Jasper kicked a dirt clod against the side of the boardwalk as he stumbled up to the saloon. The town was quiet. It was always quiet, except when it wasn’t, like last night. Jasper stepped into the shadowy saloon, leaving the sunbaked bodies in the street behind him. He waved away a fly and sloshed his way to the bar. A warm whisky waited for him, poured just before the gunfire had started. He took the shot, wincing as the liquor hit his bloody bottom lip.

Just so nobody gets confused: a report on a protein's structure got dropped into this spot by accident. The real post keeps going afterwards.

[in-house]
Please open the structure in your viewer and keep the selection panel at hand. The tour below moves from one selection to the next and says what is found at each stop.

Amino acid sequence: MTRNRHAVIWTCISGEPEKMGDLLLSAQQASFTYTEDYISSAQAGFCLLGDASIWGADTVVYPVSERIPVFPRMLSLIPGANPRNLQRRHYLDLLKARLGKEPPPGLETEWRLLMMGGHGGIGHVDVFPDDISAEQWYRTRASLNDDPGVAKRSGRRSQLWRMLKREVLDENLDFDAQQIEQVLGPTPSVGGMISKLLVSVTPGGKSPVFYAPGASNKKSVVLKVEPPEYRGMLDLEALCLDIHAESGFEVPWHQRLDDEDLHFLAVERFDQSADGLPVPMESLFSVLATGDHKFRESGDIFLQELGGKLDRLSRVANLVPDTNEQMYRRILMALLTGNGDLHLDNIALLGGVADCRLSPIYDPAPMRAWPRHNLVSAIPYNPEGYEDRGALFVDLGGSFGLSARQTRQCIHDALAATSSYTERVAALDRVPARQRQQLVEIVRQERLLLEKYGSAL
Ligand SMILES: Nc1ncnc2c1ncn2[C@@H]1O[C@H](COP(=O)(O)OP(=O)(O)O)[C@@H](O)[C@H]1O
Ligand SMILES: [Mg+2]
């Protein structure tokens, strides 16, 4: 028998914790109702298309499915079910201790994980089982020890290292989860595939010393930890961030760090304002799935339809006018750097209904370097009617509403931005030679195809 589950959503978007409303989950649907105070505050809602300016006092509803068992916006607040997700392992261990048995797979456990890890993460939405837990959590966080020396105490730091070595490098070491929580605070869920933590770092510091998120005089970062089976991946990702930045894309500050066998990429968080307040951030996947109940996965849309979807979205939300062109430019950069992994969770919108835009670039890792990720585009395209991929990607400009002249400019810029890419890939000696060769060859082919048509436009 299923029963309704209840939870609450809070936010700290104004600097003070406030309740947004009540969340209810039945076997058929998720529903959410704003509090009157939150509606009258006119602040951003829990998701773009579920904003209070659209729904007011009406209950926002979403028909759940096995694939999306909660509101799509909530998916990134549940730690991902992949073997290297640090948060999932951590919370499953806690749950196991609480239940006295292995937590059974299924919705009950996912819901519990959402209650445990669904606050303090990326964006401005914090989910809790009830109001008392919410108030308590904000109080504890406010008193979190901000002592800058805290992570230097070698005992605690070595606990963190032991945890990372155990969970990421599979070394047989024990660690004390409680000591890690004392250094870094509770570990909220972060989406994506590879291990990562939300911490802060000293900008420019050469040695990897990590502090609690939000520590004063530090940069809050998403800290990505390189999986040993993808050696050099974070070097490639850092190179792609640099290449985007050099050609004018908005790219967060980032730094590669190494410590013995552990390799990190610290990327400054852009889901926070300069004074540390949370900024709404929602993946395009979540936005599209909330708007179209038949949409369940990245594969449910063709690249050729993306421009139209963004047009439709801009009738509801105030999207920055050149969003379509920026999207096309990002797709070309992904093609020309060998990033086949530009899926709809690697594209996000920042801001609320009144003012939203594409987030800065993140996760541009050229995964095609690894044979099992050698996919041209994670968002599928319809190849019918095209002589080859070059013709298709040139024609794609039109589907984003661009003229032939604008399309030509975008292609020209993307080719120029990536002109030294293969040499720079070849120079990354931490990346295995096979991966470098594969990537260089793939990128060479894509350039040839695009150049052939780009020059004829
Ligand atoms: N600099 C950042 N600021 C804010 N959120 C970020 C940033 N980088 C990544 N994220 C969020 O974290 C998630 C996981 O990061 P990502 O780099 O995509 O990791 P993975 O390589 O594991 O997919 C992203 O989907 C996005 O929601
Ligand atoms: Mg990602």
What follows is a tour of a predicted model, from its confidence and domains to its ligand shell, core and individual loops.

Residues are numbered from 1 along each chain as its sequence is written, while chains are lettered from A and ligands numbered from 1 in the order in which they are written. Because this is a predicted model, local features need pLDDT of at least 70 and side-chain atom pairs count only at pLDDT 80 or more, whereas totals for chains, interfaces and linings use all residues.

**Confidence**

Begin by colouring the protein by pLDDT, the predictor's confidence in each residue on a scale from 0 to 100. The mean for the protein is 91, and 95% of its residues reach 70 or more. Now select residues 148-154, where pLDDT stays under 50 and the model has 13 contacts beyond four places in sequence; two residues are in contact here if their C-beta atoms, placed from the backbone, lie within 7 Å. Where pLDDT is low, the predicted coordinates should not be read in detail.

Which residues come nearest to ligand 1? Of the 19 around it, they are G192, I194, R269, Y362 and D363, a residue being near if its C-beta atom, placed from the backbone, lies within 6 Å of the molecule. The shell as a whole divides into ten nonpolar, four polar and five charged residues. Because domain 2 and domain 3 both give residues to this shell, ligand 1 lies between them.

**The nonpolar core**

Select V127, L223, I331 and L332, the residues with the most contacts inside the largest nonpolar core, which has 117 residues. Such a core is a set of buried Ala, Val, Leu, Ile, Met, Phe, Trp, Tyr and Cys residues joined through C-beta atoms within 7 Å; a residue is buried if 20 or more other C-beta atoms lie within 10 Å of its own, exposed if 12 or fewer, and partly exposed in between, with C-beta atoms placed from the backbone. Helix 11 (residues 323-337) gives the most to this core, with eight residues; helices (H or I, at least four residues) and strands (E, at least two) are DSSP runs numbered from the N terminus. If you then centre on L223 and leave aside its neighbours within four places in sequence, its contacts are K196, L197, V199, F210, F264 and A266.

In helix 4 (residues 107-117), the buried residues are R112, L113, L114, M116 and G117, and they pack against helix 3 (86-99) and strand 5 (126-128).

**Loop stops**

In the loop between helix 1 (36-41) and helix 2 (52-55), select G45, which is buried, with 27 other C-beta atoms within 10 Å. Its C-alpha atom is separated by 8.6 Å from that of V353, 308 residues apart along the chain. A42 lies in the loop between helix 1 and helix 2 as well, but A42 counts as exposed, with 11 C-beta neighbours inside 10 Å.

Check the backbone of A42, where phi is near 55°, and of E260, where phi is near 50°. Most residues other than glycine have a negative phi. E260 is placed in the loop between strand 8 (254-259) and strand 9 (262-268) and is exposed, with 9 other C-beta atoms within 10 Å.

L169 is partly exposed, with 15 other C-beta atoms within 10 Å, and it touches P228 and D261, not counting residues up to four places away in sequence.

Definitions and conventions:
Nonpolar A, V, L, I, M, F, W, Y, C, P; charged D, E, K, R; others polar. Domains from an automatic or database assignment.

He surveyed the bodies in the barroom: two at the bar, four at tables, the bartender in front of him, and the whore with the bad timing. The night flew past his memory like a raging river – the accidental nudge, apologies not made, pride not withheld. Everything after the second gunshot was a blur; the blackouts stole everything exciting from his mind.
Jasper rifled through some pockets, sized up a dead man’s boots, and fought back the slightest twinge of guilt for losing his cool. He threw a piece of silver toward the body of the bartender. “Maybe the ferryman’ll be a bit kinder,” he grunted before walking outside and toward the next town.